Major Lyricists

Why the Great American Songbook Endures

The melody may linger on, but it’s the lyrics and —witty and sophisticated, tender and sad—that sparked a lifelong love affair with these timeless treasures. Of course, it was Frank Sinatra who elevated the importance of the lyrics with his impeccable phrasing, diction, and breath control. He viewed the lyrics as poetry, and he diligently studied the words for days. If you want to know why these songs endure, listen to Sinatra’s rendition of Alec Wilder’s classic “I’ll Be Around.” The song had been recorded by dozens of singers, but when Wilder heard Sinatra’s bittersweet take on the song’s discarded lover, he exclaimed, “God bless Frank Sinatra!” Once Sinatra grasped the storytelling aspects of the song, he was able to convey the meaning and emotion behind the words like no singer before him.

P. F. (Paul Francis) WEBSTER  (1907–1984) was a Hollywood lyricist who won three Academy Awards for Best Original Song and was nominated sixteen times. He had his first hit in 1941 with Duke Ellington’s "I Got It Bad (And That Ain't Good)" After 1950, Webster worked mostly for MGM and started racking up the hits.

JOHNNY MERCER (1909–1976) was known as the “Poet Laureate of Popular Song.” He was also a successful singer, composer, and co-founder of Capitol Records. Mercer wrote the lyrics to more than 1,500 songs, for movies and Broadway shows. He received nineteen Oscar nominations and won four Best Original Song Oscars.

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SAMMY CAHN (1913–1993) was nominated for more than 30 Oscars and won four times. His songs were recorded by virtually every major singer. And he wrote some of the best known of all popular songs. He was also the 1983 recipient of The Johnny Mercer Award, the Songwriters Hall Of Fame’s highest honor.


Although song lyrics are often referred to as a form of poetry, it is more difficult to write a lyric than a poem. Unless you are writing in a prescribed form like a haiku or sonnet, a poet has complete artistic freedom whereas a lyricist must match words to music. (In most songwriting creation, the music is written first, although some teams, like Rodgers and Hart, collaborated.)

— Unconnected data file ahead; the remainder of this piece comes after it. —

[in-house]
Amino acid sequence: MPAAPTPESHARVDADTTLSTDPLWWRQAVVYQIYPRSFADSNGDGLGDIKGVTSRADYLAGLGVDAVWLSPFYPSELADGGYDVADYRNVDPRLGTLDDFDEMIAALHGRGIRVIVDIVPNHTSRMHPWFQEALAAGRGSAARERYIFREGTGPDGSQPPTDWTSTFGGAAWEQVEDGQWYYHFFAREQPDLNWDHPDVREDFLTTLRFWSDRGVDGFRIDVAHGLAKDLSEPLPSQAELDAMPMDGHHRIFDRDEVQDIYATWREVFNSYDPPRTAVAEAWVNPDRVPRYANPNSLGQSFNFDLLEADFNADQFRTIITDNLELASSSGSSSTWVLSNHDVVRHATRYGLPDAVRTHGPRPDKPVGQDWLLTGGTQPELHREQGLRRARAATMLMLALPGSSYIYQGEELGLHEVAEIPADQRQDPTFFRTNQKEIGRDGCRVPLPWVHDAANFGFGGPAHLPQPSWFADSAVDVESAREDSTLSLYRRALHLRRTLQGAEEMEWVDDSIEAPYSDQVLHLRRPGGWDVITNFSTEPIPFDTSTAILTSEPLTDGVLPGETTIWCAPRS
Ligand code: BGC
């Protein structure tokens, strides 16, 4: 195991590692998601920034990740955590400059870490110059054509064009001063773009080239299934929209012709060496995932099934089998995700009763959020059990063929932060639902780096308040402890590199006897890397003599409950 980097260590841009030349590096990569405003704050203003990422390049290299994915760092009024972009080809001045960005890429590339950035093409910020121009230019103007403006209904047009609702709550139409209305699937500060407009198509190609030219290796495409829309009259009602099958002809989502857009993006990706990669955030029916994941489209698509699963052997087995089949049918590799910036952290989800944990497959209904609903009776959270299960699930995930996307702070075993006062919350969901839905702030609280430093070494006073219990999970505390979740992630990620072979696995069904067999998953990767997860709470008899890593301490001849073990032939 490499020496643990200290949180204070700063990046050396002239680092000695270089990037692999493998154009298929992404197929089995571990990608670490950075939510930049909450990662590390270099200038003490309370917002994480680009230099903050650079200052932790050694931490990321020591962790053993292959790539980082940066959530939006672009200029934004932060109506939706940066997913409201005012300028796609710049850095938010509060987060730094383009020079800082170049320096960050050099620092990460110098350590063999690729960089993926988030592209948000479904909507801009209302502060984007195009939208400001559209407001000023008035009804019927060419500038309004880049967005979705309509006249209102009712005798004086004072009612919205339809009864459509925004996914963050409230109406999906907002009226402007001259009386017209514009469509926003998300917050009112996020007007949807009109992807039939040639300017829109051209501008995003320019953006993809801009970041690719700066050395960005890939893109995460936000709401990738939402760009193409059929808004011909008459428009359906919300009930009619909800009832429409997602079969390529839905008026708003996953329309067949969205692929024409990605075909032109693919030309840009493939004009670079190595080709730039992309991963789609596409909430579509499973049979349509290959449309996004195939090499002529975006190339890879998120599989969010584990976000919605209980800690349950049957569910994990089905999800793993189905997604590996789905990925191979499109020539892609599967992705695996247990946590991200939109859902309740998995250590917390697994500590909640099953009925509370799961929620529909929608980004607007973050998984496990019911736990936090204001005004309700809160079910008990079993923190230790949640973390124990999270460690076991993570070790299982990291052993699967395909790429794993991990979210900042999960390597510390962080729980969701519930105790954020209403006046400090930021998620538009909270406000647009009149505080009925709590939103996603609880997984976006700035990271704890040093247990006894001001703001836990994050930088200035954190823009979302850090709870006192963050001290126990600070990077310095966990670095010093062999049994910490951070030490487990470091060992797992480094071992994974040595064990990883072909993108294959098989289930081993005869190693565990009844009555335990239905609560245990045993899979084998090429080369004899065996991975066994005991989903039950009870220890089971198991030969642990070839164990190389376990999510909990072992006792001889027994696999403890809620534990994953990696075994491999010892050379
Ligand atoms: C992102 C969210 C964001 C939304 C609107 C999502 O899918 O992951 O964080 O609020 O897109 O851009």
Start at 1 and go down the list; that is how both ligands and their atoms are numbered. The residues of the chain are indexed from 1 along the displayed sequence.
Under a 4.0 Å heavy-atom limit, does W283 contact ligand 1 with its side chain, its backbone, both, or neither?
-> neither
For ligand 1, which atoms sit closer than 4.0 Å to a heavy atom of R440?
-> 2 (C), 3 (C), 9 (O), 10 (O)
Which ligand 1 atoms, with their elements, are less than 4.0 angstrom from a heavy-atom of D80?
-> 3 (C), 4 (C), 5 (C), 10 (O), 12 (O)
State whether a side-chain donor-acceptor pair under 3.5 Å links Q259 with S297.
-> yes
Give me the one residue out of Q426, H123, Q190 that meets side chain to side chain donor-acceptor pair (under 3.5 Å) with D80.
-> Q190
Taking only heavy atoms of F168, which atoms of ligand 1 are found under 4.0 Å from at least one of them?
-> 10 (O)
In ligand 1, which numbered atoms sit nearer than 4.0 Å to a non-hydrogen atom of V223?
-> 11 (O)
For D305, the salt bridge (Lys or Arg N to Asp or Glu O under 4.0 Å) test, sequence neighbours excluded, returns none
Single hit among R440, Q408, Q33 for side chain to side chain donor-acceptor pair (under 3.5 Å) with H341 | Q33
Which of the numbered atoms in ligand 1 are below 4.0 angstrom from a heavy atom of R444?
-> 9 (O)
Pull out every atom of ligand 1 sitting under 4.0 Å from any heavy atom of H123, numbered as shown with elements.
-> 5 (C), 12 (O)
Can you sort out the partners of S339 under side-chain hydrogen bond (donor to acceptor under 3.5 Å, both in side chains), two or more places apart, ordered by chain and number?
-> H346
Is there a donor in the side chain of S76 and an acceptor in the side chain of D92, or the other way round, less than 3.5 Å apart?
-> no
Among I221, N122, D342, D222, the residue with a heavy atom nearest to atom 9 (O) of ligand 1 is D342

Let’s look at the song “I Thought About You,” which master lyricist Johnny Mercer wrote to the music of Jimmy Van Heusen. The composer played the music for Mercer the day before the lyricist was taking the train to Chicago. Mercer, who always strove to tell a song’s story in the simplest language, wrote the lyrics on the train trip as he gazed out the window, Mercer not only came up with vivid imagery, he also expressed the passenger’s emotions -- while following the music’s meter and creating rhymes that didn’t sound forced. It is a brilliant example of lyric writing,

I Thought About You

I took a trip on a train
And I thought about you
I passed a shadowy lane
And I thought about you

Two or three cars parked under the stars
A winding stream
Moon shining down, on some little town
And with each beam,
Same old dream

At ev’ry stop that we made
Oh, I thought about you
And when I pulled down the shade,
Then I really felt blue.

I peeked through the crack
And looked at the track
The one going back to you.
And what did I do?

I thought about you.

Oscar Winner 1945

In 1980, The Johnny Mercer Award was created in his memory. It was originally to honor excellence in lyric writing but was later expanded to include composers as well. Frank Sinatra was the first winner of the award. Not only was he a champion of songwriters, but he wrote the lyrics to some hit songs himself (“I’m a Fool to Want You” and “This Love of Mine”). About songwriters, Frank was once quoted as saying, “If it weren’t for you fellas, I’d be pushing pencils in Hoboken.” He later became chairman of the board of The Songwriters Hall of Fame, where he held this title from 1993-1998.

To see the video in full screen, click the icon in the lower right-hand corner, and to get back, do the same. IMPORTANT:

“I’ll Be Around”
Alec Wilder

"Ain't That A Kick In The Head"
Van Heusen-Cahn

“On the Achison, Topeka and Santa Fe”
Harry Warren-Johnny Mercer
Oscar Winner 1945

"Secret Love"
Oscar Winner 1953
Sammy Fain-P.F. Webster

Sinatra’s Songwriters

The team of composer Jimmy Van Heusen and lyricist Sammy Cahn wrote these Frank Sinatra hits:

“All the Way”
"Call Me Irresponsible”
"Come Dance with Me”
“Come Fly with Me"
“High Hopes"
"Love and Marriage"
"(Love Is) The Tender Trap”